Sun | Nov 29, 2020

Garth Rattray | The evolution of the JCF (Part 2)

Published:Sunday | August 27, 2017 | 12:00 AM

Part of the evolution of the Jamaica Constabulary Force is its ability to respond to and protect against violence if and when necessary, even with deadly force. I am a very strong advocate of human rights, but we have to expect the occasional, unavoidable use of deadly force when, despite the best efforts of our police, in 2009 we maxed out with 1,664 shootings and 1,682 murders among the citizenry and, in 2007, 19 police officers killed in the line of duty.

Because of a few dishonest and corrupt police, many people have an unfavourable opinion of the entire constabulary. There are corrupt individuals in every profession, but when it occurs within a profession whose members swear to uphold the law it becomes glaring.

The most egregious act imaginable is extrajudicial killing. The media exposes us to protests and statistics about police killings which give the false impression that extrajudicial killings are not rare.

Let me emphatically declare that any extrajudicial killing is wrong. Interestingly, patients from hardcore inner-city areas have given me their opinion of the circumstances that could precipitate such a thing. One patient related that he knew of a landlord who sneaked away from his home and called the police to say, "Di wanted gunman dem ah hide out inna mi yaad. If unnu come fi dem and dem live, me ah go dead!" People tell me that it's the scared citizenry who beg for the really bad and dangerous killers terrorising them to be gotten rid of.

In response to crime, police personnel have evolved from that routinely unarmed, Boy Scout-looking police to the well-armed constables of today. The assortment of police weapons include Smith and Wesson revolvers, 357 magnums, 9mm Browning pistols, Remington shotguns, Sterling submachine guns, Lee Enfield rifles, Uzi submachine guns, M16 assault rifle, M16 carbines, H&K MP5 submachine guns, Glock 17 and 18 semi-automatic pistols, 380 Browning and Walter PPK pistols.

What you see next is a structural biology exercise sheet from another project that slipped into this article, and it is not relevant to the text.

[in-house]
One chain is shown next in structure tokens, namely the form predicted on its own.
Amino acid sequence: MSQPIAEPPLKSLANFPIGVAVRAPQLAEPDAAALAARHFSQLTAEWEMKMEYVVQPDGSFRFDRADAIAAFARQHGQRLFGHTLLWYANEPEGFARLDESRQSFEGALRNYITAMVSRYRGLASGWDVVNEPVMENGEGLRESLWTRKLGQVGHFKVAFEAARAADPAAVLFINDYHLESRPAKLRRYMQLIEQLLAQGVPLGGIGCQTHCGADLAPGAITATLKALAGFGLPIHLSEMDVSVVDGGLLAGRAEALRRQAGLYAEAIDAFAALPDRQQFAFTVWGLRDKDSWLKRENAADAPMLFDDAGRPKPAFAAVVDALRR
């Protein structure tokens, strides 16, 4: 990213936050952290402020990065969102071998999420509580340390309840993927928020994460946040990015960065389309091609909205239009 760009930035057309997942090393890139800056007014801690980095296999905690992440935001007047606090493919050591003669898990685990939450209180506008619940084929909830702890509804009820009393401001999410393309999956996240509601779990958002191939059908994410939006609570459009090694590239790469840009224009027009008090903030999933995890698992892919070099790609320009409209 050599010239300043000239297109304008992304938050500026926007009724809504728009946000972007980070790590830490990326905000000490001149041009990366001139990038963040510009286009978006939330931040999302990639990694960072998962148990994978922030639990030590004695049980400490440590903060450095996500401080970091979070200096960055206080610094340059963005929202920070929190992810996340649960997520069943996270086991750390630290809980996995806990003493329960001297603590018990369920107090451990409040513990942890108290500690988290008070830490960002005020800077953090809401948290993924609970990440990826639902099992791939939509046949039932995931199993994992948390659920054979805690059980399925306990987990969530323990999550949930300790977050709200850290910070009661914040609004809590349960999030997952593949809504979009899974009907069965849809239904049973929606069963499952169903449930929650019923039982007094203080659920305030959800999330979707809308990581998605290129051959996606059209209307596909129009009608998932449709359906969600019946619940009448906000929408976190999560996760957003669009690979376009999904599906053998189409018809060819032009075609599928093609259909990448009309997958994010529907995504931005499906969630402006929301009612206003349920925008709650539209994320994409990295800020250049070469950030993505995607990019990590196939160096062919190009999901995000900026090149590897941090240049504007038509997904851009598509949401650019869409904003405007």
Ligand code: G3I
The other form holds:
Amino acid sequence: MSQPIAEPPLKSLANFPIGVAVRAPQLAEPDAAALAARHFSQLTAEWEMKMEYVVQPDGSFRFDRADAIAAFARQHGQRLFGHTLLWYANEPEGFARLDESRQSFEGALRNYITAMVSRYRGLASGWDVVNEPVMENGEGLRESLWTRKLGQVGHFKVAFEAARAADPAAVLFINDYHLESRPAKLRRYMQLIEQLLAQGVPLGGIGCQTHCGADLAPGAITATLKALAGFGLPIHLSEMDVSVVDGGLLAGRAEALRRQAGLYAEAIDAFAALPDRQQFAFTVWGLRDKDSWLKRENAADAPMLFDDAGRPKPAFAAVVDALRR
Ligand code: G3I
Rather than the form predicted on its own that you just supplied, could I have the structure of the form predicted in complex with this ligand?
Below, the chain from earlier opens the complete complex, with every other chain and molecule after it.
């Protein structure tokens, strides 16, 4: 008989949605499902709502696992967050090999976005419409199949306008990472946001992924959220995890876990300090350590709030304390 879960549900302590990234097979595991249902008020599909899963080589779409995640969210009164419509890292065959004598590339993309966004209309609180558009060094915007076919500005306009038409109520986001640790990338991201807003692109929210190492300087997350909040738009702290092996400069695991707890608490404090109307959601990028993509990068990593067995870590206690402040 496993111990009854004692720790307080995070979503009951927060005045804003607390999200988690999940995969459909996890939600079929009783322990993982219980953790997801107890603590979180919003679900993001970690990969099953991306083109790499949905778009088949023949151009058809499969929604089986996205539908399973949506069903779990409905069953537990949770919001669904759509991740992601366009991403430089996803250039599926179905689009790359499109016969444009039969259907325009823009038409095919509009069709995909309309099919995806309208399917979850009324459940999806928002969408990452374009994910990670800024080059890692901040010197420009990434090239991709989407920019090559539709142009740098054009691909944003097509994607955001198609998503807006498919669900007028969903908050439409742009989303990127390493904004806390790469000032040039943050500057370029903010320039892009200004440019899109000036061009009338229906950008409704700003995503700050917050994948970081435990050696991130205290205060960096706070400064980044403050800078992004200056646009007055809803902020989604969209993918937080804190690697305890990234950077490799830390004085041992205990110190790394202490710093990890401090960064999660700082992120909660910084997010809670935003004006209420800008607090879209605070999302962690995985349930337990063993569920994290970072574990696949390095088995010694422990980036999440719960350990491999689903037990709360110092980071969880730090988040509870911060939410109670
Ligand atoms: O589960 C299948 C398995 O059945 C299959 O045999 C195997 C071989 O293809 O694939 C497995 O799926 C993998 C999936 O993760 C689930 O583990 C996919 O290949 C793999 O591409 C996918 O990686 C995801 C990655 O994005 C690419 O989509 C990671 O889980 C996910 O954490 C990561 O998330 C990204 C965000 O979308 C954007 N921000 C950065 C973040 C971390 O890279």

And for mobility, from a few bicycles, cars and 'jeeps', the police have acquired various vehicles like the Land Rover, Toyota Land Cruiser, Prado, Mitsubishi Pajero, Mitsubishi Pajero iO, Isuzu Trooper, Suzuki Vitara, Isuzu Gemini, buses, trucks, Toyota Crown, Corona, Corolla, VW Amaroc, Hiace pickup, Mitsubishi L200 pickup, Toyota Axio, Suzuki Jimmy, Hyundai Trajet, Rav 4, Hilux, Nissan Tida, X-trail, Honda Civic, Suzuki SX4, armoured vehicles and many others. Those lists stand as an indicator of the serious nature of our society's crime problems.

Today's constabulary has several organisational units to cover: child abuse, sexual offences, special investigations, patrol (land and sea), narcotics, traffic, communications, forensics, technical matters, fraud, cybercrimes, terrorism, overt and covert intelligence gathering, community policing and so on.

But what intrigued me was the list of special crime-fighting squads/units formed by various governments in response to criminal activities over the years. These include Echo, Flying, Ranger and Eradication Squads, Area 4 Task Force, ACID, Operation Crest, Dovetail, Intrepid, the Organised Crime Unit, SACTF, CMU, Major Investigative Team and Operation Kingfish.

No matter how the police adapt and evolve, it is blatantly unfair to expect them to cure this 'societal disease' that we call crime. It must be tackled by multiple organisations with the constabulary being only one of them. Crime requires major social intervention and sustained support systems so that police intervention should be the very last thing in our armamentarium and only needed when all others have failed.

I understand that there is an upcoming name change, from the Jamaica Constabulary Force to something like the National Police Service of Jamaica. It's intended to "... ensure that the people of Jamaica has a police service that is responsive to their needs by embracing a community policing philosophy, which recognises the value of partnership and policing with the consent of the people".

Criminals are always finding ways to commit wrongs. The constabulary has been trying valiantly to keep up. However, our citizens have not yet realised that they are an essential element in the crime-fighting formula. It's always, the police must do this and the police must do that. Until we all unite and stand against crime, we will remain oppressed and subjugated victims of the criminals.

- Garth A. Rattray is a medical doctor with a family practice. Email feedback to and